One important note about the data on these graphs: You've learned that standard meteorological convention is to plot and express wind direction as the direction from which the wind blows. But, on the topmost graph of wind speed and wind direction, the red slashes extending outward point in the direction that the wind is blowing toward (exactly the opposite of the standard convention). So, for example, the winds from about October, 2002 to March, 2003 blew predominantly from the northeast (toward the southwest) at this buoy. By the way, the length of the red slash indicates the wind speed (in meters per second).
We'll return to data from the TAO / TRITON array later on when we cover El Niño and La Niña, but I wanted you to be aware of the TAO / TRITON project since it's an important component of the system of buoys that monitors tropical weather. Even with special buoy programs, however, the overall picture should be crystal clear to you by now -- ocean buoys simply can't cover the entirety of tropics, and they leave lots of gaping holes in our observing system. Therefore, forecasters must rely on other data sources to get a more complete picture of the state of the tropics. We'll start our investigation of those other sources by looking into the role that aircraft observations play in observing weather in the tropics (particularly when tropical cyclones are present). Read on.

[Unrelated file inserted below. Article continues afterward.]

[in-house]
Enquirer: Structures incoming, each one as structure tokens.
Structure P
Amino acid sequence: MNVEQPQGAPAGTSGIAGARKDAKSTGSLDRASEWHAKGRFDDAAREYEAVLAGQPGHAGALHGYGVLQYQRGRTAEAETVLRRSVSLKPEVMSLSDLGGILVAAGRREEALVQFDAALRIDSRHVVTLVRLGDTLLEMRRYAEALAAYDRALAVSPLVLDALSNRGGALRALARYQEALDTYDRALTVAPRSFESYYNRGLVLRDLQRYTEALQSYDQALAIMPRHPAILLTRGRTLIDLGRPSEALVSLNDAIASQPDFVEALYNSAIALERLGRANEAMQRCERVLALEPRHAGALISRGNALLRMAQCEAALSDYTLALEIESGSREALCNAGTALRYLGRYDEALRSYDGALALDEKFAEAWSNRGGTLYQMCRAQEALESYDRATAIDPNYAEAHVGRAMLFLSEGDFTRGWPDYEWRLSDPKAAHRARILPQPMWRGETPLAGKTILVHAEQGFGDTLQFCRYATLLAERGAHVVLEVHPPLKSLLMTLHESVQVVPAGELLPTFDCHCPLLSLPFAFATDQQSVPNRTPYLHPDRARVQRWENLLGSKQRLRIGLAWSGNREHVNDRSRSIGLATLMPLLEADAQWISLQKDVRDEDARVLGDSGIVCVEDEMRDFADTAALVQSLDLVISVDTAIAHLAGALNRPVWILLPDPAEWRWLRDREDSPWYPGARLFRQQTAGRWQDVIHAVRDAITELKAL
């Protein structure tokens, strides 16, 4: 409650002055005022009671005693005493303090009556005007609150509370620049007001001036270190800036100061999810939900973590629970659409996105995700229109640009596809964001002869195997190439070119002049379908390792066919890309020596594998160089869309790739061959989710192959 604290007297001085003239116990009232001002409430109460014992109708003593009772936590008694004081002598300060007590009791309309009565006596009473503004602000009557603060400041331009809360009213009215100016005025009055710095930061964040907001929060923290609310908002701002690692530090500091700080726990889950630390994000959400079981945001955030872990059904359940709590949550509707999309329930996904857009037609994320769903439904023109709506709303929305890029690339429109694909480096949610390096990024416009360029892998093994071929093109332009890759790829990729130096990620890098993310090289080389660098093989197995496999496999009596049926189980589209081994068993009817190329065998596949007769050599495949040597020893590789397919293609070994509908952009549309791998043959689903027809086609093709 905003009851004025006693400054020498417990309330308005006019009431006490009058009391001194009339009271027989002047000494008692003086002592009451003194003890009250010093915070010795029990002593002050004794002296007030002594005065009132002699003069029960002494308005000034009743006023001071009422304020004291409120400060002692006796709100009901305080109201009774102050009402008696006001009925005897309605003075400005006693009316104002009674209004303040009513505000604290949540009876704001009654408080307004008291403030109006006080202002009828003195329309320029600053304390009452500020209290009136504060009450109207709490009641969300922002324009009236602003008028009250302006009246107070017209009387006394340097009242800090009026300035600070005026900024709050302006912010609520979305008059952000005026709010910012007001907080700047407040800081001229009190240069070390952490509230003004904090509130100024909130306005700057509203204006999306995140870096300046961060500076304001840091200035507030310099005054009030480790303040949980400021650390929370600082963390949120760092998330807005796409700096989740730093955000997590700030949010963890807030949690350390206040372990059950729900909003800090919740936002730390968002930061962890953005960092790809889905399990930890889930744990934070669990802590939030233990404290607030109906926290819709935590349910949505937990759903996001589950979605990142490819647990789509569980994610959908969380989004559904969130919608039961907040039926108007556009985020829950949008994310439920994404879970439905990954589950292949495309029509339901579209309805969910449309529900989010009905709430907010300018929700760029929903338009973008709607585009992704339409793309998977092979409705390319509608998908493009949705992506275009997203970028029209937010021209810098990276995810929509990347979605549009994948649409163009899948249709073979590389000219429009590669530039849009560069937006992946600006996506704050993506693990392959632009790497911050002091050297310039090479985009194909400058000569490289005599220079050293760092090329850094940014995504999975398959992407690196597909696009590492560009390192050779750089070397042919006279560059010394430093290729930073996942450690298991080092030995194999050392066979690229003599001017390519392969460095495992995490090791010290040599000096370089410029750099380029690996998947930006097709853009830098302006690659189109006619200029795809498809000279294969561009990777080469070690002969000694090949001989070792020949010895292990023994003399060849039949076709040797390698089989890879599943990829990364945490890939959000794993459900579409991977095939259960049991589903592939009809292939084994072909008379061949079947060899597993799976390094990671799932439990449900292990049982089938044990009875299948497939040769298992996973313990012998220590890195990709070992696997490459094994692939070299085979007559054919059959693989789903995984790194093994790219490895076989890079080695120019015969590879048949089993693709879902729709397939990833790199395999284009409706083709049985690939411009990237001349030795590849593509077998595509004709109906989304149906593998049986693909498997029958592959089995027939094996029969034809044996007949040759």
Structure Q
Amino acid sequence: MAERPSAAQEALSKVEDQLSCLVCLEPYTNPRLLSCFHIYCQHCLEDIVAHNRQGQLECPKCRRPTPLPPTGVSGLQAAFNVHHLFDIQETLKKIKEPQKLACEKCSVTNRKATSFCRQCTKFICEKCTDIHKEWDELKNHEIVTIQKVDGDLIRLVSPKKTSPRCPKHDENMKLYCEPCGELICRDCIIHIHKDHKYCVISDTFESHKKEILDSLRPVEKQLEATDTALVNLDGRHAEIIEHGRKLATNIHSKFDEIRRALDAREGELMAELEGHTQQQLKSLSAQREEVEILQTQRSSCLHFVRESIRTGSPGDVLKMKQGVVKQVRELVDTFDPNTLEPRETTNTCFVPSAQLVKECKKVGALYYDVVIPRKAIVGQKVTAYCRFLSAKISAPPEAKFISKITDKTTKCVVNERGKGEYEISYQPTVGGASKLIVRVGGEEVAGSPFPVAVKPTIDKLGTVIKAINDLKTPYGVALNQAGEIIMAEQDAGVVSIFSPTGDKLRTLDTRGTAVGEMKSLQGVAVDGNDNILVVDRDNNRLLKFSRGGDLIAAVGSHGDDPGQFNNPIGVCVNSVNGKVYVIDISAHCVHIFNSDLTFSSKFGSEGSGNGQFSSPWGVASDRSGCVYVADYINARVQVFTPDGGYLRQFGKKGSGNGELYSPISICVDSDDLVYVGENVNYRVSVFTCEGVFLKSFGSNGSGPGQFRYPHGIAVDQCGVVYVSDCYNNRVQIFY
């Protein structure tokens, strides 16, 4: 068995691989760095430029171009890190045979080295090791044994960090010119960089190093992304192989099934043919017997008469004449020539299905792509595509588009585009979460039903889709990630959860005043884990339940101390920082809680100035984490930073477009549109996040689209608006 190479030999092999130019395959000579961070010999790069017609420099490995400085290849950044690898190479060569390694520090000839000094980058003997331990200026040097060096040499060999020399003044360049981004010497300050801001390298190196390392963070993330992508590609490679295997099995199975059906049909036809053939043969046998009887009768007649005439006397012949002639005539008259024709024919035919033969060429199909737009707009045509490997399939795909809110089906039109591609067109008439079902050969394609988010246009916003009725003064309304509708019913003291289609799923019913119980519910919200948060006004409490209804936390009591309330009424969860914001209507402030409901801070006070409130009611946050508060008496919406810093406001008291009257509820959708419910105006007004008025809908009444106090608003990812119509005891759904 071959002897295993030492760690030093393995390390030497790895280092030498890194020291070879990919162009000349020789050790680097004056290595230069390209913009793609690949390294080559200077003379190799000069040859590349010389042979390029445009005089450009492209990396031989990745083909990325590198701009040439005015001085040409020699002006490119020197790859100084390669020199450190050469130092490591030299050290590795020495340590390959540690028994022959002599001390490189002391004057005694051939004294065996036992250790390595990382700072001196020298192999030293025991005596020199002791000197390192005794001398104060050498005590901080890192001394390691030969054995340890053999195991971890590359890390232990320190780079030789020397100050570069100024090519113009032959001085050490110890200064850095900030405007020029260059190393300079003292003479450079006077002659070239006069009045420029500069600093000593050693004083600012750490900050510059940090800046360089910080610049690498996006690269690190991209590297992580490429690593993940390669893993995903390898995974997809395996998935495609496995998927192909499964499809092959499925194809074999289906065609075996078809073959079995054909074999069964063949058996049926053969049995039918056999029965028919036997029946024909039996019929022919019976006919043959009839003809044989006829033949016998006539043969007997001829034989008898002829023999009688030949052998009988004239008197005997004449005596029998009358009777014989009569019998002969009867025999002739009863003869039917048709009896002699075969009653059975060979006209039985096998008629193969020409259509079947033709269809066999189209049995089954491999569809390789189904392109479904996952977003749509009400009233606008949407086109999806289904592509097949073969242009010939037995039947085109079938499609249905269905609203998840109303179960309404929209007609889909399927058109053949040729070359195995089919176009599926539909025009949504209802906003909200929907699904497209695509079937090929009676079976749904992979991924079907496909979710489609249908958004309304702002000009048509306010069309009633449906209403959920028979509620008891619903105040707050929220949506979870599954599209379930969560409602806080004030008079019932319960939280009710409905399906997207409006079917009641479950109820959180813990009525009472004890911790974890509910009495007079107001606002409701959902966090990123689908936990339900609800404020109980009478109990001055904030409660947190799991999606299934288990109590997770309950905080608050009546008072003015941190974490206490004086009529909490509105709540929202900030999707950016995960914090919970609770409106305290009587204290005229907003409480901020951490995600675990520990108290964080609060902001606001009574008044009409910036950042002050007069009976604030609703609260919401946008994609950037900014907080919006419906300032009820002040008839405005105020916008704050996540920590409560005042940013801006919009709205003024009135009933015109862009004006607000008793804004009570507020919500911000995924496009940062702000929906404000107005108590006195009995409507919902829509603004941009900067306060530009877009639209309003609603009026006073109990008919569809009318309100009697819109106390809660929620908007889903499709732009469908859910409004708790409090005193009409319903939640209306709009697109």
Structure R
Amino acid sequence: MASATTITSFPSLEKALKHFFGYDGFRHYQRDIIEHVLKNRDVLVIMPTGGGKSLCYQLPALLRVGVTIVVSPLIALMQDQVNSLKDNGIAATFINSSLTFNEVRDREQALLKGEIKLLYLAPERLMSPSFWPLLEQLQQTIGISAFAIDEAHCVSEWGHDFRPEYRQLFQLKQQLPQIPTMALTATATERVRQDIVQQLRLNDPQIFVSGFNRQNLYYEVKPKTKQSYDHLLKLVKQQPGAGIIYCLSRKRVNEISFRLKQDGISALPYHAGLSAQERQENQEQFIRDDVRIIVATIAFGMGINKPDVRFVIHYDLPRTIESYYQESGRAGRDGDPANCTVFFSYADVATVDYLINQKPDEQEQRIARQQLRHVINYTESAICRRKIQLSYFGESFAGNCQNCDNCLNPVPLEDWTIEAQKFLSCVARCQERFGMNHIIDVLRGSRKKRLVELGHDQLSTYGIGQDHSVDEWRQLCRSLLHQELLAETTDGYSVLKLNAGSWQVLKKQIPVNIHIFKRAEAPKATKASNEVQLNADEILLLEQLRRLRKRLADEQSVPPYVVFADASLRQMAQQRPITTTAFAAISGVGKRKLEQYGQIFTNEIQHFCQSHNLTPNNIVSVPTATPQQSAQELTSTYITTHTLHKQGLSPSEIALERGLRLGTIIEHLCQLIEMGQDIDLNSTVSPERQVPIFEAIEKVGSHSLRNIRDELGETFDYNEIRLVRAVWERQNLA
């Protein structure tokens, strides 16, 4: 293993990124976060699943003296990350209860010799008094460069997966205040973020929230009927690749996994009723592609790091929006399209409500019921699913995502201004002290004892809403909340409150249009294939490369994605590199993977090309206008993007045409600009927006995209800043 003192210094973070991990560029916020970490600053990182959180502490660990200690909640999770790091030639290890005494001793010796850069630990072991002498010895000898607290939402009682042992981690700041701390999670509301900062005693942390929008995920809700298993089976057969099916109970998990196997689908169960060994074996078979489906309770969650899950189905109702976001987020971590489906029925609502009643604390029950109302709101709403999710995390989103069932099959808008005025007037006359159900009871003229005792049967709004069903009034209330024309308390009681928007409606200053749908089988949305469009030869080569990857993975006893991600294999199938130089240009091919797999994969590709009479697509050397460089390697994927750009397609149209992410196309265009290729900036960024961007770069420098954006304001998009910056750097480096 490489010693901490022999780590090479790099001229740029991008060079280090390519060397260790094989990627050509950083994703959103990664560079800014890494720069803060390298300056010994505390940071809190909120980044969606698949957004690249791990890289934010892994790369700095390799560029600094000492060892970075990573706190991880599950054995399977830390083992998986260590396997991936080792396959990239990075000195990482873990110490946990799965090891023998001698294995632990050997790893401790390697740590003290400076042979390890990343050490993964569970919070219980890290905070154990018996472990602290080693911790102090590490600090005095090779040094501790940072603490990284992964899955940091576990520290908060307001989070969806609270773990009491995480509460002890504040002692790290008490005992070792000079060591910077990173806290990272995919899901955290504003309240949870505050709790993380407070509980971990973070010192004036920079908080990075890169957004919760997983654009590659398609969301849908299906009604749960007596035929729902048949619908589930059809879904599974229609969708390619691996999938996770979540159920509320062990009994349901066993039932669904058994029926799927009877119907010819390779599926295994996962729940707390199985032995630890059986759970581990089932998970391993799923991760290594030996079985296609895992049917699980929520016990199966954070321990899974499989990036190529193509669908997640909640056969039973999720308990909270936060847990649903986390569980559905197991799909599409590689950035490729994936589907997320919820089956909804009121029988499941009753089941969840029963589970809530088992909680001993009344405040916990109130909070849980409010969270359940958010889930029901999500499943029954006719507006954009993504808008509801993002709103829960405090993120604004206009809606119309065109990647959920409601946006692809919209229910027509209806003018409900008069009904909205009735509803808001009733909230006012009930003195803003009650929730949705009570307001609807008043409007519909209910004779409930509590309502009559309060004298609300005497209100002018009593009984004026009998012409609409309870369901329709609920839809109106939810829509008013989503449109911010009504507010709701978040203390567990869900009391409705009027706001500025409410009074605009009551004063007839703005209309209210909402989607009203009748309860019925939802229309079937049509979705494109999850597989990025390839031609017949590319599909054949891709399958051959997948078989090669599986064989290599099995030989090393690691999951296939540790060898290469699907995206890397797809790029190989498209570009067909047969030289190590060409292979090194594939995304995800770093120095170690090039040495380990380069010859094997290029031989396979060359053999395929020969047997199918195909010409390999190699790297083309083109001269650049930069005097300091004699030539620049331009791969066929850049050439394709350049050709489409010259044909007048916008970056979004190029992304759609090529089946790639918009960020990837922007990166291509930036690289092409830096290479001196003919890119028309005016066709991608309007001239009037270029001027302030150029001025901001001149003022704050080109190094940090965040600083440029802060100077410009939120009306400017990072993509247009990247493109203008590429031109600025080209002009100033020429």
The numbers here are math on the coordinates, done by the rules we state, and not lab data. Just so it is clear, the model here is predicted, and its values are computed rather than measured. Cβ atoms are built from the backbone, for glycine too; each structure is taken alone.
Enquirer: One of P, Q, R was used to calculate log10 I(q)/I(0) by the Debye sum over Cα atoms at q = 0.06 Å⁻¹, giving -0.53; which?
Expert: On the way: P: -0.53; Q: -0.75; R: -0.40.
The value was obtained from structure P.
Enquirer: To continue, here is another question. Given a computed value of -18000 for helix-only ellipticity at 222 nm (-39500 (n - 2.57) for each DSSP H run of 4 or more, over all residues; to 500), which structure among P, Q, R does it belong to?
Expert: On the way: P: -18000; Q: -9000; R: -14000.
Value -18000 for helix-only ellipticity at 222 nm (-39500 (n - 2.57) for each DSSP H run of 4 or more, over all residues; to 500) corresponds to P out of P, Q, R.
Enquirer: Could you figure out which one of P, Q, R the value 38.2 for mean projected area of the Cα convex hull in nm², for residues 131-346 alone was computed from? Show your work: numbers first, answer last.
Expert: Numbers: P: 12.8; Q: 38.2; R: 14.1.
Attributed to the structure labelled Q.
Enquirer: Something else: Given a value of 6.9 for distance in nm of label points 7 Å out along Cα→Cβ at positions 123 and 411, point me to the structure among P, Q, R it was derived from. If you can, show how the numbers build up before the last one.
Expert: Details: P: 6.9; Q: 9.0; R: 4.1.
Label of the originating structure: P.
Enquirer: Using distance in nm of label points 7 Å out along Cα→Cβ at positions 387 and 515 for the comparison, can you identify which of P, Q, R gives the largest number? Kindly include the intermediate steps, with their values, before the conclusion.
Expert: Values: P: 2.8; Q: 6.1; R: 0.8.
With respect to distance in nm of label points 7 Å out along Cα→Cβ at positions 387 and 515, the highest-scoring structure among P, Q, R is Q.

Data Resources on the Web
The Decoded Offshore Weather Data page hosted at coolwx.com is perhaps the best for accessing observations from ships and moored buoys in the vicinity of tropical cyclones. If you check-out "Tropical Cyclone/Hurricane Maps," you'll see the worldwide list of current or recent tropical cyclones. Simply click on the name of the tropical cyclone to access buoy and ship observations in the vicinity of the cyclone. The labels (two digits and a letter) used for unnamed storms follow the standards you learned about previously.
If you're interested in ship observations, you can keep an eye on with the NDBC site. Another sailing information site allows you to see the recent locations of ships around the world and generate plots of weather observations coming from ships, which some folks might find interesting.